The media war online

Towards the end of the film Pirates of Silicon Valley — the mostly excellent, if quirky, nineties equivalent of The Social Network about Microsoft and Apple — Steve Jobs and Bill Gates get into a shouting match about who stole what from whom. During the argument, Gates refers to Xerox, which was a leader in the computing industry prior to mid-eighties, as a rich neighbour that they had both ripped off.

The scene is probably fictional, but it’s ironic that both men in real life founded companies that have spent vast resources to prevent just that from happening — rivals wandering through their back doors and making off with valuable intellectual property.

Such protectionism was the MO of the tech industry until one company came along about a decade ago and did its damnedest to change all that — Google. “Don’t be evil” is its motto, and on the whole the California-based firm has done a pretty decent job of following through, focusing on making as much information available to as many people as possible.

Its latest offensive is an Internet television solution, Google TV. There’s been a hiccup in the month since the product launched, though — ABC, NBC, CBS, Fox and streaming site have all blocked their content from being viewed on Google’s service. Admittedly, there are still plenty of channels out there, but it’s a very public blow for the search giant. It also hints at two trends in the tech industry that are rapidly becoming apparent.

One is that so-called traditional media companies — television networks, for our purposes here — are falling way behind the curve. Sure, most people still have little more than a cable box hooked up to their screens, but with Google TV, and similar offerings from Apple, Microsoft and D-Link either on or about to hit the market, that picture will soon change. And televisions aside, the volume of media consumed over the Internet, whether via computers, smartphones or other devices, has ballooned over the past five years, and this growth shows no signs of abating.

In spite of these developments, the traditional media have had a tough time bending, and the prime culprit is their revenue models. The big networks live and die by ad profits, which they receive substantially less of from their Internet offerings. Hence the hostility towards products like Google TV, which assault the television companies’ home turf — couch-based viewing. Once every middle-class living room is invaded by an oversized computer, it’ll be all over but the crying. The networks know that and are fighting tooth and nail to slow the process down.

It’s an understandable, if annoying and short-sighted position. The television industry has good reason to worry, with the cost of producing primetime shows skyrocketing amidst competition from high-end subscription outfits like HBO. If new and fruitful revenue streams aren’t found, viewers might soon start to notice — if they haven’t already — a serious decline in both the quality and innovation of programming on many channels. Like it or not, the shows that we love cost money, which has to come from somewhere, and us viewers — not just the big bad corporations — stand to lose if the current state of affairs continues.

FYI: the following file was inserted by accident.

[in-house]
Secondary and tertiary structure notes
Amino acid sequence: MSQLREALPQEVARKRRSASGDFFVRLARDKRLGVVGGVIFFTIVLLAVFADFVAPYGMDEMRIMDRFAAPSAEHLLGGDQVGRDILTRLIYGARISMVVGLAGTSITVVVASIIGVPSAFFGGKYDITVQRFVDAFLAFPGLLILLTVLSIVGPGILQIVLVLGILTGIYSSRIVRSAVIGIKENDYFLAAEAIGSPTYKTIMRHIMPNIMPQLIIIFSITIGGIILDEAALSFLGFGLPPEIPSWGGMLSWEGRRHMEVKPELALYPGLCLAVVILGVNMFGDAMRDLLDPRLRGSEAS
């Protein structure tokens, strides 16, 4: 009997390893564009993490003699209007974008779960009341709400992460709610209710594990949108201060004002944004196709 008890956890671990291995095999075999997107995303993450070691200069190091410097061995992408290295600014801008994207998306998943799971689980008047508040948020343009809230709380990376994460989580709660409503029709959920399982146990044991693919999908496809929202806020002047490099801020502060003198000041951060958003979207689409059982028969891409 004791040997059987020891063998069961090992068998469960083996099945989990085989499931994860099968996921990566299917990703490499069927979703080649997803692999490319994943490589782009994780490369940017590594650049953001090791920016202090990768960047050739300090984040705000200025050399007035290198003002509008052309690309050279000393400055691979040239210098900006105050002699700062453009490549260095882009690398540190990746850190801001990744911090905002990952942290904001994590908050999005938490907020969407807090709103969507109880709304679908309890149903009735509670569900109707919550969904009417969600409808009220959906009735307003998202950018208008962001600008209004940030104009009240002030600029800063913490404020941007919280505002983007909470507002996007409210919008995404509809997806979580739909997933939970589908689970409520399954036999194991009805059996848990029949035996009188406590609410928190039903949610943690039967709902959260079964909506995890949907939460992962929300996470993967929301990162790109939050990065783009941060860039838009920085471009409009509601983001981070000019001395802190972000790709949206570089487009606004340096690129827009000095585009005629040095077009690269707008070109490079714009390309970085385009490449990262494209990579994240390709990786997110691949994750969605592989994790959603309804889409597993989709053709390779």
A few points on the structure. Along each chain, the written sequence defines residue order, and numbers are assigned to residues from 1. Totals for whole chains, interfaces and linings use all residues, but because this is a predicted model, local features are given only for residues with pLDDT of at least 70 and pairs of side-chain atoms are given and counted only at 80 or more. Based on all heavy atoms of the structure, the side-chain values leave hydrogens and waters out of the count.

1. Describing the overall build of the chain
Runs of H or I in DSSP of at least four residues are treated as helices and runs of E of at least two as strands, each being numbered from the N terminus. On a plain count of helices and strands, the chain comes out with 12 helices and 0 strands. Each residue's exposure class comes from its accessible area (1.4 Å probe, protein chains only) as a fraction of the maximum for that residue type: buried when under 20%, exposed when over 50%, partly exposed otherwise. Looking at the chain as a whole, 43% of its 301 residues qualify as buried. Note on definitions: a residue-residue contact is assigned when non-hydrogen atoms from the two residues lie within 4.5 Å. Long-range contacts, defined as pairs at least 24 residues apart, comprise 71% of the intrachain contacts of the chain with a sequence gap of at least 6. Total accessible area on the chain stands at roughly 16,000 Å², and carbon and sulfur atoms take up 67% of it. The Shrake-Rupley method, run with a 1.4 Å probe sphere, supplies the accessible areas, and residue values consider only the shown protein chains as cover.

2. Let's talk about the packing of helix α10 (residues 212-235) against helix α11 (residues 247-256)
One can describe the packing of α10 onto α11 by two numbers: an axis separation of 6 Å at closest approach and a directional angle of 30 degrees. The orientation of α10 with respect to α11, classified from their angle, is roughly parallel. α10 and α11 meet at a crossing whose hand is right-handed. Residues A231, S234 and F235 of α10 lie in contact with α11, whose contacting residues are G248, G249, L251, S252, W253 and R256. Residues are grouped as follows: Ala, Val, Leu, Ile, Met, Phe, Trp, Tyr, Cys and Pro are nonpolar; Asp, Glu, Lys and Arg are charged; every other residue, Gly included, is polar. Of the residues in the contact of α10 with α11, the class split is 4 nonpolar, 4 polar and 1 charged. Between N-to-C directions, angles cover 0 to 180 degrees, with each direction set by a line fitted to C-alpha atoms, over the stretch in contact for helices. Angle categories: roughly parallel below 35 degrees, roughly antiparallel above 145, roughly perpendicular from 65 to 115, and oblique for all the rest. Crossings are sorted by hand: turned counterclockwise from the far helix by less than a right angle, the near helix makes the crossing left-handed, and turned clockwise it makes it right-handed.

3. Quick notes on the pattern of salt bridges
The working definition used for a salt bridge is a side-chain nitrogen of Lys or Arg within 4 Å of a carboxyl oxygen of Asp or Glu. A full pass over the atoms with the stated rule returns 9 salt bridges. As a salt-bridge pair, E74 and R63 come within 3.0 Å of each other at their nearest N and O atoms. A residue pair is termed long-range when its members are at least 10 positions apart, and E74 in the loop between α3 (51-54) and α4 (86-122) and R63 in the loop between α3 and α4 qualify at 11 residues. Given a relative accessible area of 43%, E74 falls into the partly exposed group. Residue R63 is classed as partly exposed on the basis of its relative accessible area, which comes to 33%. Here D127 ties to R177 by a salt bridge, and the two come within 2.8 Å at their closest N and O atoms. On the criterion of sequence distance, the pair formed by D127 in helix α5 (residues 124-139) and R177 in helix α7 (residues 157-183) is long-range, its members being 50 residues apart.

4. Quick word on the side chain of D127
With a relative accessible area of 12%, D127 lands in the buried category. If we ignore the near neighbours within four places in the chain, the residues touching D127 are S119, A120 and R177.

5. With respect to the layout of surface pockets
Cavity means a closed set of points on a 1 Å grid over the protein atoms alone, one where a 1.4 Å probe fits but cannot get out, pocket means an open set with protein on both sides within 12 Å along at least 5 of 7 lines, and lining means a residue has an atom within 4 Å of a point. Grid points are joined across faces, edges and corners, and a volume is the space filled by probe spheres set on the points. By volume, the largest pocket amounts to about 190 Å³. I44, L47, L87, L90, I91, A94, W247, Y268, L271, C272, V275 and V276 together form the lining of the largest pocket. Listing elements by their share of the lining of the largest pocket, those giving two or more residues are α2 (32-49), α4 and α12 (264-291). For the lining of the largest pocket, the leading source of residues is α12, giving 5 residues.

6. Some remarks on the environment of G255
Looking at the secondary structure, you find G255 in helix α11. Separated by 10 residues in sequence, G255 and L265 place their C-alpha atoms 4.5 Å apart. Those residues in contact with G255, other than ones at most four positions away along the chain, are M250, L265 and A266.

The other trend, more subtle in character, is a growing realization that the drive by companies like Google to bring content to everyone has a limit beyond which the results ultimately become detrimental to end users. It will be a tough pill to swallow for a company that prides itself on fighting for the little guy, but Google needs to turn its frown upside down and define that line itself. Equally important, it needs to stop making an end run around other, supposedly “evil,” corporations and acknowledge that this is a problem best solved by broad collaboration.

Perhaps Google could leverage its monstrous core business — advertising — to better support the transition of broadcast media to the web. Or, with its multi-billion dollar balance sheets, the search giant could actually pony up the cash for a few shows. One way or another, the networks will be far less combative if Google extends an open hand, instead of a pointed finger, and at this point they are simply too big to make a fight worthwhile for anybody.

This admittedly isn’t the most urgent issue, but it’s a growing one that needs to be addressed. Free content isn’t a disaster yet because our grandparents can’t find the remote, our parents still buy from IBM and both probably think that a phone with something called “Android” will try to kill them in their sleep. But there will come a day — perhaps still a couple of decades away — when the bulk of people around the world will utilize the Internet for just about all the content they consume.

The medium will have changed, but the demand from us, the viewers, for high-quality entertainment and art won’t. Sometime in between now and then, the media companies and Internet companies are going to have to reach a détente, and the sooner that happens, the better for all.

Greg Sacks is a first year law student at Robson Hall who genuinely believes that there ain’t no party like an S-Club party. Anywhere.